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Rational Expressions

Module by: Kenny M. Felder. E-mail the author

Summary: A teacher's guide to rational expressions.

Begin by explaining what rational expressions are, and making the points I made above—we are going to put together some of our old skills in a new way, which will require us to be good at fractions. So, we’re going to start by reviewing how to work with fractions.

Then pair the students up. We’re going to do a sort of do-it-yourself TAPPS exercise. One partner is the student, one is the teacher. The teacher’s job is to add 1 2 + 1 3 1 2 + 1 3 —not just to come up with the answer, but to walk through the process, explaining what he is doing and why he is doing it at every step, all on paper. The student asks for clarifications of any unclear points. By the time they are done, they should have a written, step-by-step instruction guide for adding fractions.

Then they switch roles. The former student becomes the new teacher, and gives two lessons: how to multiply ( 1 2 ) ( 1 3 ) ( 1 2 )( 1 3 ) and how to divide 1 2 / 1 3 1 2 / 1 3 . Once again, they should wind up with a step-by-step guide.

The original teacher takes over again, and shows how to simplify a fraction.

Finally, you give a brief lesson on multiplying fractions—they’ve already done that, but the key point to emphasize here is that you can cancel before you multiply. For instance, if you want to multiply 7 8 7 8 times 10 21 10 21 , you could say:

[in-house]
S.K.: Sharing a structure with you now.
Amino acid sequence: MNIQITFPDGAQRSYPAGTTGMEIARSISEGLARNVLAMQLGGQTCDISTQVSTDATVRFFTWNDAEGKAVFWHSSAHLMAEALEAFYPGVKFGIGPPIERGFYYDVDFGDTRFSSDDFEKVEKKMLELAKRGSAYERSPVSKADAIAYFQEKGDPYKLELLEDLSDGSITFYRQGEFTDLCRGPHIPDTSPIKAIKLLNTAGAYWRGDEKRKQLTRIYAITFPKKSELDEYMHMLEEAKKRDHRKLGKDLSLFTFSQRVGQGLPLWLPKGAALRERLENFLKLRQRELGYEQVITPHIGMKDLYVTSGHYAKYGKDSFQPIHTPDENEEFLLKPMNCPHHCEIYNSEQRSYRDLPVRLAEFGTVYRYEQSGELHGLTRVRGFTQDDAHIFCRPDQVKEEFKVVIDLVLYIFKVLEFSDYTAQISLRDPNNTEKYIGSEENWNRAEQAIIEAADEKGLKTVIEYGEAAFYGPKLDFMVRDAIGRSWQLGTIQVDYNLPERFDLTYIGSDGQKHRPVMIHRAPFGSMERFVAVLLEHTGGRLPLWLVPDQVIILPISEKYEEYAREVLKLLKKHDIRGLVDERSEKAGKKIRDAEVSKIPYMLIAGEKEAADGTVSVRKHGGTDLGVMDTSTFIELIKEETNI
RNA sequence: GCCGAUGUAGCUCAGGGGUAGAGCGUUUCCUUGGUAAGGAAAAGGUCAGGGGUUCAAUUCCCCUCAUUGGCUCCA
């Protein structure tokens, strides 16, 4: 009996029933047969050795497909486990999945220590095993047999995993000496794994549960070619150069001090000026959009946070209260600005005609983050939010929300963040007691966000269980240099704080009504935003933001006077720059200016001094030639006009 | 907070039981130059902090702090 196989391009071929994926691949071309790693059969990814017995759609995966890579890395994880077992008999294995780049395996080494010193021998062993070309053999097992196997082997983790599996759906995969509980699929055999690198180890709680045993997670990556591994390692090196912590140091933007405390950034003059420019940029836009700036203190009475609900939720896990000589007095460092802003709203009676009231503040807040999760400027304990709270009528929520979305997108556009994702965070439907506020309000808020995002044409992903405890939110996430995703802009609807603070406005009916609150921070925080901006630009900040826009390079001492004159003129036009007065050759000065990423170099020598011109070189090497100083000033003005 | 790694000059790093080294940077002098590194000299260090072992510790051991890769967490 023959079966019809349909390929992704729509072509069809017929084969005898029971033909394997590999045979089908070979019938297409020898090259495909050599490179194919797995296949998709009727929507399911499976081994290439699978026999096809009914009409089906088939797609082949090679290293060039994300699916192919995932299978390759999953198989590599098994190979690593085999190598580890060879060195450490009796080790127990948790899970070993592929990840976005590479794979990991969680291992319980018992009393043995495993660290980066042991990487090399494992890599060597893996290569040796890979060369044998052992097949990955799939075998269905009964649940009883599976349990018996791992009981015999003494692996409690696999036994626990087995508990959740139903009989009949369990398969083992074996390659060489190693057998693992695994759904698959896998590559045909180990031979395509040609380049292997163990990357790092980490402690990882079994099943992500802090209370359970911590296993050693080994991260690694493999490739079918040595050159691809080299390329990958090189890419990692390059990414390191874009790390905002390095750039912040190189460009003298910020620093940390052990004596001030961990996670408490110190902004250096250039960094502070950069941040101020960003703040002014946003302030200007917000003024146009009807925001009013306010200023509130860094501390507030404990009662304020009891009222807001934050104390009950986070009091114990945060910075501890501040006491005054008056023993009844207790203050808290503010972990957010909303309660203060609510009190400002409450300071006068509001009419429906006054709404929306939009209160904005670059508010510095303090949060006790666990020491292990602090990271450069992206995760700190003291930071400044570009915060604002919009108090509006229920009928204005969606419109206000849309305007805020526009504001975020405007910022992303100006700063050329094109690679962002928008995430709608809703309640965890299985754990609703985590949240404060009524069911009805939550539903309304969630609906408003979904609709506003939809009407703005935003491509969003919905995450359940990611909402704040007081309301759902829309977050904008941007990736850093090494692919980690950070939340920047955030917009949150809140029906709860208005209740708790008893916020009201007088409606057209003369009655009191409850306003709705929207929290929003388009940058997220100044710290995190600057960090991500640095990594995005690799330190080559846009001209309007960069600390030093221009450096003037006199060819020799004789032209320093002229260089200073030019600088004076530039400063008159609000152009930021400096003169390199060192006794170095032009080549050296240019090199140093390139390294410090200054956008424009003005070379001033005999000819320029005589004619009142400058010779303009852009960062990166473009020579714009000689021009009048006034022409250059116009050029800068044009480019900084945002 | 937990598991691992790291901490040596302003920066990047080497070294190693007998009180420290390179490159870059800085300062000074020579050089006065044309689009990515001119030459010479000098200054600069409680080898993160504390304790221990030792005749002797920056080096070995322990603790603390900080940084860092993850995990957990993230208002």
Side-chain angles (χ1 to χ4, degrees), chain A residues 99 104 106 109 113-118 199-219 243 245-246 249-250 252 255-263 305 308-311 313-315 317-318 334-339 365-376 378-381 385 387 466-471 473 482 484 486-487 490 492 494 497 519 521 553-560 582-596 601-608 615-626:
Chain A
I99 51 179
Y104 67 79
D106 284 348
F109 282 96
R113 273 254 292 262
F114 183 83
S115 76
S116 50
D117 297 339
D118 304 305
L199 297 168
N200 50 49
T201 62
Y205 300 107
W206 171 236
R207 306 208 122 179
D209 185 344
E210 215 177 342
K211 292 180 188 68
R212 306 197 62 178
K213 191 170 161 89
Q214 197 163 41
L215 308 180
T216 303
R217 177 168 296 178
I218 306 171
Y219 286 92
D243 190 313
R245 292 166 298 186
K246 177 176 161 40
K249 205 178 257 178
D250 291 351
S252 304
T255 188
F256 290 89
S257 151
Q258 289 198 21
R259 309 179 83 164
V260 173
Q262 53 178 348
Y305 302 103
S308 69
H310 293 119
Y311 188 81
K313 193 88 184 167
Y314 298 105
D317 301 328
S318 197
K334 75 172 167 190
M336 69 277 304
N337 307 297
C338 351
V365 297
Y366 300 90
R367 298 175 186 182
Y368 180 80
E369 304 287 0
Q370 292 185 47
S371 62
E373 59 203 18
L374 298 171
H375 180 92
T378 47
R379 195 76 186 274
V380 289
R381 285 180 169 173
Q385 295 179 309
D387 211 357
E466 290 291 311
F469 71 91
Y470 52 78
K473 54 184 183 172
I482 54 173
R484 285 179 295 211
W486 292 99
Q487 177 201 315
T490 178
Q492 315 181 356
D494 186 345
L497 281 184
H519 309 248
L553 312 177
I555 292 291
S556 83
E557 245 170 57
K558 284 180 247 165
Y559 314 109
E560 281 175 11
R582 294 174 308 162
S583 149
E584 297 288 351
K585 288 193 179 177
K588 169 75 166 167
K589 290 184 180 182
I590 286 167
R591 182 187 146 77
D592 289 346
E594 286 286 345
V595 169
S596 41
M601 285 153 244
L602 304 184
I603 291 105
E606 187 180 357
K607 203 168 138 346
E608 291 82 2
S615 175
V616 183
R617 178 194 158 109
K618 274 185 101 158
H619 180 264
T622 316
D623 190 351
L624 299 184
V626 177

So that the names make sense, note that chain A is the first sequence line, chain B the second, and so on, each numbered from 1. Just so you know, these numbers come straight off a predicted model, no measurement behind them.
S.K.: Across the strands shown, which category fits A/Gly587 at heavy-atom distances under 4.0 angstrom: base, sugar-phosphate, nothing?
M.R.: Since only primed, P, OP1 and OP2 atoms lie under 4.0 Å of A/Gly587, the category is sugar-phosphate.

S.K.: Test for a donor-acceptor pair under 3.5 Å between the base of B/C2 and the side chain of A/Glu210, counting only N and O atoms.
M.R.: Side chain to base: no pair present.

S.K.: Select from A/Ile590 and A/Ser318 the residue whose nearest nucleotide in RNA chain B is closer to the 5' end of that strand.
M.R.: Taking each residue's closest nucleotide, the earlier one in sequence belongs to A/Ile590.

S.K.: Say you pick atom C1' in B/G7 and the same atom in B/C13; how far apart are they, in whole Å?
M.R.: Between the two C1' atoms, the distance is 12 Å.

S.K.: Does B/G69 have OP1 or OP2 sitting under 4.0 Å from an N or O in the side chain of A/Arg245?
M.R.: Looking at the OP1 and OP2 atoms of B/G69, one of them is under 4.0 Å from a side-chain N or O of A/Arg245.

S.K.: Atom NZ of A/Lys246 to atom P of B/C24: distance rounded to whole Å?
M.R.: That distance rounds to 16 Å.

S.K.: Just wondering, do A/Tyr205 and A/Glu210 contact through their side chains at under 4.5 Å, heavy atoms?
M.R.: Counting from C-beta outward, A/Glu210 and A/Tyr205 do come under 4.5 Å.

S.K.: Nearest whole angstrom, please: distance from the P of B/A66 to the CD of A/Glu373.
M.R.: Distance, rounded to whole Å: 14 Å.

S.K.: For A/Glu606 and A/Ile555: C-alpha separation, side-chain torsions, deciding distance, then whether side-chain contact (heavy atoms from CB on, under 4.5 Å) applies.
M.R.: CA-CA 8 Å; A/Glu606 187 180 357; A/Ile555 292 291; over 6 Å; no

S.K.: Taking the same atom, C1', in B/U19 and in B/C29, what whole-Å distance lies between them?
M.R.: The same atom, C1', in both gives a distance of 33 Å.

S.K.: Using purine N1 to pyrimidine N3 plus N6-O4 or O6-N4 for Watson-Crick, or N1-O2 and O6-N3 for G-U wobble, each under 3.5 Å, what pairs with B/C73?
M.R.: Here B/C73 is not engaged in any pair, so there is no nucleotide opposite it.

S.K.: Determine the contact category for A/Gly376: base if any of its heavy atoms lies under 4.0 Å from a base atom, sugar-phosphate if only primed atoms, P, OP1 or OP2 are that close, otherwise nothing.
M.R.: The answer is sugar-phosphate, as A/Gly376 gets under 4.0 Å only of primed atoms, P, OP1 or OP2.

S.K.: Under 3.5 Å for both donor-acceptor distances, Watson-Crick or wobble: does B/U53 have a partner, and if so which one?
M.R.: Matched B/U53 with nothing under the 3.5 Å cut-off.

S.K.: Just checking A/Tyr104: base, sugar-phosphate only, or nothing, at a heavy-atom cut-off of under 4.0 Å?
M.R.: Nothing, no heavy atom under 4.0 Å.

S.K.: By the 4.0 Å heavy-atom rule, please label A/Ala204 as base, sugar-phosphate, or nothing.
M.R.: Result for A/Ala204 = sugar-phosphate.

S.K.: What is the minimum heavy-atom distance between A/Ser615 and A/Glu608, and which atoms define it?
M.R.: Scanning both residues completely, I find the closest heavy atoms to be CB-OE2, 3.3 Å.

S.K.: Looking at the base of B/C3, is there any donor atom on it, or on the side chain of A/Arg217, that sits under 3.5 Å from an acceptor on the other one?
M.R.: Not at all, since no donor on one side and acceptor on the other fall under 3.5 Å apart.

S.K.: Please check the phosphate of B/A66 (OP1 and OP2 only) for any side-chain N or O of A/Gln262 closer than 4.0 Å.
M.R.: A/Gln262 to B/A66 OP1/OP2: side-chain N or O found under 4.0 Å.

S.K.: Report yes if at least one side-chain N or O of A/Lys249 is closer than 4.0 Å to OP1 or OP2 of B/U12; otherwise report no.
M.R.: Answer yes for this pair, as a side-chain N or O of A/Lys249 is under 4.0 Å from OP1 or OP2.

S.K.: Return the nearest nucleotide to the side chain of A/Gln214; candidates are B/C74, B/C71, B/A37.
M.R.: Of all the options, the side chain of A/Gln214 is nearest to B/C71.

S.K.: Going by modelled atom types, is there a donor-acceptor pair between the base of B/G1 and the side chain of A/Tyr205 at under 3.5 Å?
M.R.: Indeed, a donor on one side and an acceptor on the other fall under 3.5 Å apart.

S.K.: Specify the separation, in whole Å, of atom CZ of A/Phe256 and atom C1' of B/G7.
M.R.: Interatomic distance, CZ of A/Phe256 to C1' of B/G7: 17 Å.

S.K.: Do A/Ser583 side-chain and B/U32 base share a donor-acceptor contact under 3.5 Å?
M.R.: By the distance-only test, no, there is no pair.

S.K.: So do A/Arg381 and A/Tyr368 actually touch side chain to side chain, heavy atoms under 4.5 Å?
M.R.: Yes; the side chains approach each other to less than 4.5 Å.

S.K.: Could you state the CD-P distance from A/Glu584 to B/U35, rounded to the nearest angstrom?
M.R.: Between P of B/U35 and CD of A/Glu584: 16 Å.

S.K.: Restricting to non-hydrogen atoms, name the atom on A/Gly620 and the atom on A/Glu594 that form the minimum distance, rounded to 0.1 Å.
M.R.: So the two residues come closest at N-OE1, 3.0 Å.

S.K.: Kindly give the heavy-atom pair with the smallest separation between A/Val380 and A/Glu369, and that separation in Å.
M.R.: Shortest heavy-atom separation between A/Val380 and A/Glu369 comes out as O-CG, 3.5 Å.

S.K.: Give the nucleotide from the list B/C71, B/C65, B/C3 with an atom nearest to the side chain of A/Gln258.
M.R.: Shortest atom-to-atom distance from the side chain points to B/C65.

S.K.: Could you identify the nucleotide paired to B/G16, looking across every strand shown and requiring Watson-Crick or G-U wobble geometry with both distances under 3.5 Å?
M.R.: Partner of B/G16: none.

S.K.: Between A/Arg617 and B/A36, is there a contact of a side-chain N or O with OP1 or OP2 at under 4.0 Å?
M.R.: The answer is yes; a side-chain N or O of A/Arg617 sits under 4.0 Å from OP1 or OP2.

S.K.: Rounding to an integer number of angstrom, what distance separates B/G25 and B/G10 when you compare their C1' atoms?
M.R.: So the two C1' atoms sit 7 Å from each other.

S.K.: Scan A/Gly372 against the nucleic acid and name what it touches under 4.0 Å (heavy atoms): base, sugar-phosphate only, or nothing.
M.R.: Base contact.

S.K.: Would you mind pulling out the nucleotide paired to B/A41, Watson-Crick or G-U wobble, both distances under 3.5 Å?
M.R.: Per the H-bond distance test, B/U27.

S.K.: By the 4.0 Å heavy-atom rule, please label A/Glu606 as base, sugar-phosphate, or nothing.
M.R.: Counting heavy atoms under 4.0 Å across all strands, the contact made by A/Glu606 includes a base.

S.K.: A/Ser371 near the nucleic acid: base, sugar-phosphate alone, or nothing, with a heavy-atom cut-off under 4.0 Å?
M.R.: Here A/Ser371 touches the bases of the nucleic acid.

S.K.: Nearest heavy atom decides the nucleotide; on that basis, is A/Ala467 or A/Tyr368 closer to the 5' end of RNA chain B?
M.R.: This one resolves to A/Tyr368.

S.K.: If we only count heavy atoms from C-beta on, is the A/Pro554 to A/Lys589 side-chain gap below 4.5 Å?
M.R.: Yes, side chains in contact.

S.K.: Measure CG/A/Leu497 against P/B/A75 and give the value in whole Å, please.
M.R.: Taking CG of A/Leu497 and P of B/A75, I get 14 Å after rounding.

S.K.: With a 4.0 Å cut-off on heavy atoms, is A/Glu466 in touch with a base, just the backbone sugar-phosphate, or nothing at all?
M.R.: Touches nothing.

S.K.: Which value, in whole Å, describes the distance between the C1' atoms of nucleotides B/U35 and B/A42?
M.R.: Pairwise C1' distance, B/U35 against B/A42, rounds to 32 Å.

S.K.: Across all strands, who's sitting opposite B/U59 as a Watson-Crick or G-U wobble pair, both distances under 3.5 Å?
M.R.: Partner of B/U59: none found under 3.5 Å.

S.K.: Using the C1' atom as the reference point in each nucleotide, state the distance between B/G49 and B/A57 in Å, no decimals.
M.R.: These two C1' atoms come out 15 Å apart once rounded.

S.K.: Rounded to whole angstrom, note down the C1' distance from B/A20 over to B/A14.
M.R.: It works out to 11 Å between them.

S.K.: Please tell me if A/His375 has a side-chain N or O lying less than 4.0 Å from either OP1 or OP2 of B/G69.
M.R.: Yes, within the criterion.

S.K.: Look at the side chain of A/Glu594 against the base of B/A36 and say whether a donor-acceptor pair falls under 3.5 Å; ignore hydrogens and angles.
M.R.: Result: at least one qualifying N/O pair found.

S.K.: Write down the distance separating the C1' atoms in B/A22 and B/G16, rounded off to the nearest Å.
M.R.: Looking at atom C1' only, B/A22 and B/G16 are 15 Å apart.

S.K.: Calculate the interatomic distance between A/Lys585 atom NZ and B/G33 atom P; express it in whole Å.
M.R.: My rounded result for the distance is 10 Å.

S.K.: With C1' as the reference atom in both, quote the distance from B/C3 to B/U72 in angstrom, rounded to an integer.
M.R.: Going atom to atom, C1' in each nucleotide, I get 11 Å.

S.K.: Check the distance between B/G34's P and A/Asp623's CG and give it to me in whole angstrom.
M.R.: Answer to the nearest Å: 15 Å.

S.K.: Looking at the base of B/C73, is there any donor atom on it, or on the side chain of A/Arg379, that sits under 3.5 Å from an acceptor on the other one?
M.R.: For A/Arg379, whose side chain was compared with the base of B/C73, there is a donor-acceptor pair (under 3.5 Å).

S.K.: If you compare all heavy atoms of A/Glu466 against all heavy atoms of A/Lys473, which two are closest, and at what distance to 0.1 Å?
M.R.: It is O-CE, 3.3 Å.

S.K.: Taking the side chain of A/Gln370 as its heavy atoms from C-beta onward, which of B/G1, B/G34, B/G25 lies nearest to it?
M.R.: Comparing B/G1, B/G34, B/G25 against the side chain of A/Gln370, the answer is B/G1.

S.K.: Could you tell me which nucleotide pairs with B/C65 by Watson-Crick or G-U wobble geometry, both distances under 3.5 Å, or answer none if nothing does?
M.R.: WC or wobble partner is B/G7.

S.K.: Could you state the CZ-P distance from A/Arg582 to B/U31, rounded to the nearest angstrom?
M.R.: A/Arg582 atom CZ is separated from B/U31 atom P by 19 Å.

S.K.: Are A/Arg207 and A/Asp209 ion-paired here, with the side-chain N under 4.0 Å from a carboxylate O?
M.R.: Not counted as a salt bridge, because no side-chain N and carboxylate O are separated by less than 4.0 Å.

78× 1021=7016878 size 12{ { {7} over {8} } } {}×1021=70168 size 12{ { {"10"} over {"21"} } = { {"70"} over {"168"} } } {}

and then try to simplify that. But it’s a lot easier to simplify before you multiply. The 7 21 7 21 becomes 1 3 1 3 , the 10 8 10 8 becomes 5 4 5 4 , so we have:

Figure 1
Figure 1 (graphics1.png)

Of course, you can only do this trick—canceling across different fractions—when you are multiplying. Never when you are adding, subtracting, or dividing!

So why are we going through all this? Because, even though they know how to do it with numbers, they are going to get confused when it comes to doing the exact same thing with variables. So whenever they ask a question (“What do I do next?” or “Do I need a common denominator here?” or some such), you refer them back to their own notes on how to handle fractions. I have had a lot of students come into the test and immediately write on the top of it:

1 2 + 1 3 = 3 6 + 2 6 = 5 6 1 2 + 1 3 = 3 6 + 2 6 = 5 6

They did this so they would have a “template” to follow when adding rational expressions—it’s a very smart move.

Other than basic fraction manipulation, there is only one other big thing to know about rational expressions—always factor first. Factoring shows you what you can cancel (especially when multiplying), and how to find the least common denominator (when adding or subtracting).

So, walk through some sample problems for them on the blackboard. Put up the problem, and ask them what the first step is…and what the second step is…and so on, until you have something like this on the blackboard.

1x+2y=yxy+2xxy=y+2xxy1x+2y size 12{ { {1} over {x} } + { {2} over {y} } } {}=yxy+2xxy size 12{ { {y} over { ital "xy"} } + { {2x} over { ital "xy"} } } {}=y+2xxy size 12{ { {y+2x} over { ital "xy"} } } {}